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The 1:6 scale dollhouse blog...

I have loved dolls and dollhouses and miniatures, all my life. 1:6 scale is an exciting scale and challenge since there is so little out there in the way of this 'playscale' to make our dioramas and scenes look 'real'. Since I love a challenge, my 1:6 scale world has become one of my most favorite to work in, though from time to time I do showcase my 1:12 scale miniature collection here as well.



I hope you enjoy my endeavors into 1:6 scale and will follow my blog and the projects I work on with my fashion dolls in my collection. Please follow us & enjoy the pictures- tell your friends as well!

RebelMouse

Monday, February 17, 2014

Tutorial: Faux Japanese 'Shoji' or sliding screens

Another entry today, but with a twist- I finished the one wall of the Japanese diorama I am working on, and I have pictures/and a rough tutorial on how I created the faux 'Shoji' or sliding screens in Japanese. These are the traditional doors with paper in the frames in traditional Japanese homes. I used the book Miss Happiness and Miss Flower by Rumor Godden because of its directions I bashed for my own purposes for this.

I at first thought of creating the Shoji so they really could slide open, or at the least hinging them like I did the French doors, but decided against that. I will have the back wall done by tomorrow afternoon I hope, so you can see a somewhat complete diorama.

First, I used black foamcore, and lots of balsa stripwood pieces, and one 1/2 inch wide stripwood piece to go across the top. I also used Golden Oak miniwax stain, as well as two sheets of 12 x 12 vellum scrapbook paper, as well as a 12 inch wide x 4 inch high wood grained contact paper.

First, I measured across the paper 


                                 Then I cut a piece of contact paper 12 inches wide by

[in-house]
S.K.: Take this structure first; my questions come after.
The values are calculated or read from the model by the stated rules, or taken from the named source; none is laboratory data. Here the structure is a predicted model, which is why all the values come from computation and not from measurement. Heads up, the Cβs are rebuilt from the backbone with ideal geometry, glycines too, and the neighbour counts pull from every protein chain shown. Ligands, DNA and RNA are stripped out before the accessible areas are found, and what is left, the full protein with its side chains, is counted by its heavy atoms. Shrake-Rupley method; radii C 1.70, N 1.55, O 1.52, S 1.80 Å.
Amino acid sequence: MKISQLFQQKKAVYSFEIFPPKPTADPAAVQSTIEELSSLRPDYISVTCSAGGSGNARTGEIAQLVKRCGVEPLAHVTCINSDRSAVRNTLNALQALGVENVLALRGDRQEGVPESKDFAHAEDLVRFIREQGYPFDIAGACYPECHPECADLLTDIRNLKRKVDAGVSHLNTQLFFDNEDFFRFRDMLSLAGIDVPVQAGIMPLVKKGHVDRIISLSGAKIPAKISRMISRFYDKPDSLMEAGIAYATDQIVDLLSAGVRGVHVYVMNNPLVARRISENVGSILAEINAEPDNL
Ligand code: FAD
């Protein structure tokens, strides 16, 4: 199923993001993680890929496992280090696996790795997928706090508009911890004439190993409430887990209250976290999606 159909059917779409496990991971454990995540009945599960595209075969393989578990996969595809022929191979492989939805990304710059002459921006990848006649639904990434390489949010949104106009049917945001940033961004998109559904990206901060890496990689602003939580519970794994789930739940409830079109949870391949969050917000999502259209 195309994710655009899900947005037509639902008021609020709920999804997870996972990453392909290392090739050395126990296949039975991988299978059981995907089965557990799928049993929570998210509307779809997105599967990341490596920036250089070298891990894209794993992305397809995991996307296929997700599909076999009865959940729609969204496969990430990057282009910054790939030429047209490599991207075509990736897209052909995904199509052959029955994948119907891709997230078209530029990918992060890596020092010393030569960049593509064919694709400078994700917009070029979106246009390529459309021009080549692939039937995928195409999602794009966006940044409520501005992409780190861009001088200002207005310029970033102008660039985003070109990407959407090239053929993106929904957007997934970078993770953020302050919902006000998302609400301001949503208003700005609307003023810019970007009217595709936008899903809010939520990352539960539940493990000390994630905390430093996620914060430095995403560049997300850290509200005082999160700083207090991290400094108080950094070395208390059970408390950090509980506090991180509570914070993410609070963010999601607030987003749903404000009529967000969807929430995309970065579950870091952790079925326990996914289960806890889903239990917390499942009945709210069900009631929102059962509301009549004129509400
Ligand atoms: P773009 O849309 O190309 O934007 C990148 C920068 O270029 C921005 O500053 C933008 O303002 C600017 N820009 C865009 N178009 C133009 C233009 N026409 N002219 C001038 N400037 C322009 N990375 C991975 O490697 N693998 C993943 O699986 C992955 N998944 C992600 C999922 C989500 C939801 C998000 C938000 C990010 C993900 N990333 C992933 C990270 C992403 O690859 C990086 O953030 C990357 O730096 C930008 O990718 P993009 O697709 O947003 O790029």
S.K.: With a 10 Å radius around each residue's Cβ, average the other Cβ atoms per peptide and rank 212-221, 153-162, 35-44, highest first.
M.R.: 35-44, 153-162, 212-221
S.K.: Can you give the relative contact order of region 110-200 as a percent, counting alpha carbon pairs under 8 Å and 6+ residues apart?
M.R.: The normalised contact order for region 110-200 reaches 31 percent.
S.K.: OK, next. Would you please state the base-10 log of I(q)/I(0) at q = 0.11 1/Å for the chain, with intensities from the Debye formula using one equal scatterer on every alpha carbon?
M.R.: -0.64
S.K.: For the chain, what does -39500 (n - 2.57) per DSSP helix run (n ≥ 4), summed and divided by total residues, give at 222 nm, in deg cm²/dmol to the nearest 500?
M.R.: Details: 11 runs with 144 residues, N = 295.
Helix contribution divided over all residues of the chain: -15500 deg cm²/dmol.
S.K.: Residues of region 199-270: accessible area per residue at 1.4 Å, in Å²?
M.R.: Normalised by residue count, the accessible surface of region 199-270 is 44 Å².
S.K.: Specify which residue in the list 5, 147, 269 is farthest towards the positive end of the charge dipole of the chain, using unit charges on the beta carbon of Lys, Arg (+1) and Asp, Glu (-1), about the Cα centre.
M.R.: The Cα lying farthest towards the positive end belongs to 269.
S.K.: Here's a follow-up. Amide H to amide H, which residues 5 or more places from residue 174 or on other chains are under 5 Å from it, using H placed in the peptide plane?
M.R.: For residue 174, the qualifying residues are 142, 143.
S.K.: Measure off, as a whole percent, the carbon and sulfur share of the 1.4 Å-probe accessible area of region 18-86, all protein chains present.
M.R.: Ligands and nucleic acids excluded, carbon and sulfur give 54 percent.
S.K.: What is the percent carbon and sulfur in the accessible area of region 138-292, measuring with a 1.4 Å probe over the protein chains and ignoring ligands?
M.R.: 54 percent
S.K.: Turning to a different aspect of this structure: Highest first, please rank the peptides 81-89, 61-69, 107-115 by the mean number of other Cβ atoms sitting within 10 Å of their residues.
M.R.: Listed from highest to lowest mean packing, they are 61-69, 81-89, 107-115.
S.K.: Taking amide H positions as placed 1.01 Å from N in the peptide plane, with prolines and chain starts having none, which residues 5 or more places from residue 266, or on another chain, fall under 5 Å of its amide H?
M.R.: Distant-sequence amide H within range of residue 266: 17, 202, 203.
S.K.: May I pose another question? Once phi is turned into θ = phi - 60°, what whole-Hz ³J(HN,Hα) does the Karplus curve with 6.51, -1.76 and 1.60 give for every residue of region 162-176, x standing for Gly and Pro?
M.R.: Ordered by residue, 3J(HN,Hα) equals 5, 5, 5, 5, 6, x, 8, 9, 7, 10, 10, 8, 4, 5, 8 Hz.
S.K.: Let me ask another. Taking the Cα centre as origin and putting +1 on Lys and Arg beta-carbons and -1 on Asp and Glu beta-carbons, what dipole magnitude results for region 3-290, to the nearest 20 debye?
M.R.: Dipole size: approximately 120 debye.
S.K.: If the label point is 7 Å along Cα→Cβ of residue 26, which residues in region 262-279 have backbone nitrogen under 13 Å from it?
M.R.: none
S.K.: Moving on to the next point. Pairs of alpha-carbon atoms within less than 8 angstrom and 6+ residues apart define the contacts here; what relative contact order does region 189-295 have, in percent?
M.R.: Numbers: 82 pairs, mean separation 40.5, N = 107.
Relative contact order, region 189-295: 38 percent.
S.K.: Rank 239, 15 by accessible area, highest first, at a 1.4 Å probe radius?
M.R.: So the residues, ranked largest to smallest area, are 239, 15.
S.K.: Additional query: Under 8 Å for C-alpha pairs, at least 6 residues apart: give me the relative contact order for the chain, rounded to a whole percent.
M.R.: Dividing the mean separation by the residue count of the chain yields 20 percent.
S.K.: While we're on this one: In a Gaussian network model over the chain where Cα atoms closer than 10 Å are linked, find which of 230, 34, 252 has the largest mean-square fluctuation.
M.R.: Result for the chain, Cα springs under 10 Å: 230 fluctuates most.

4 inches high, and stuck that across the bottom onto the foamcore
                                 I taped down TWO pieces of 12 x 12 vellum scrapbook paper down 
                                   first.

Then I measured my balsa strips. The total height of the SHoji is 15 inches high, 12 inches wide. After all the strips were laid out, cut, measured, I then stained them with Golden Oak miniwax stain and let them dry.


I used regular tacky glue for this so I could adjust the strips. I used a ruler at the top to make sure the strips going down the middle were somewhat even. 

More gluing. It will look a little messy with the glue excess, but don't wipe, just let it dry naturally- it will dry clear.


I laid the remaining strips across and glued


I used a heavy book to add some weight and make it dry a little quickly. The book has over 900 pages and is the Autobiography of Henry Vlll as written by his fool, Will Somers by Margaret George. (highly recommend)

I used a 1/2 inch wood strip across the top of the door/shoji. That makes for a more defined focal point on the side wall.Below are photos of the finished faux Japanese door




 Ta da! I am really pleased with how this came out- it came out much much better than expected. I saved a ton of money by using my 25% off total purchase amount coupon at Michaels when buying the paper, stripwood and foamcore. I have been rattling this around in my head for a couple of days figuring out how to put it together and I finished this in a day and a half- if I had had all of the materials I needed to start with it would have been finished quicker. The design of my dioramas can change from the original plan I have in my head once I start shopping for materials and doing furniture placement. 

I hope you enjoy this tutorial. I am hoping to do another for the opposite wall as these walls will be used in my Shogun steakhouse diorama too. Right now, I am doing a simple Japanese home diorama to celebrate Hinamatsuri, and the Shogun restuarant will be a more involved diorama.

1 comment:

Muff said...

Oh, this is perfection. I'm bookmarking this!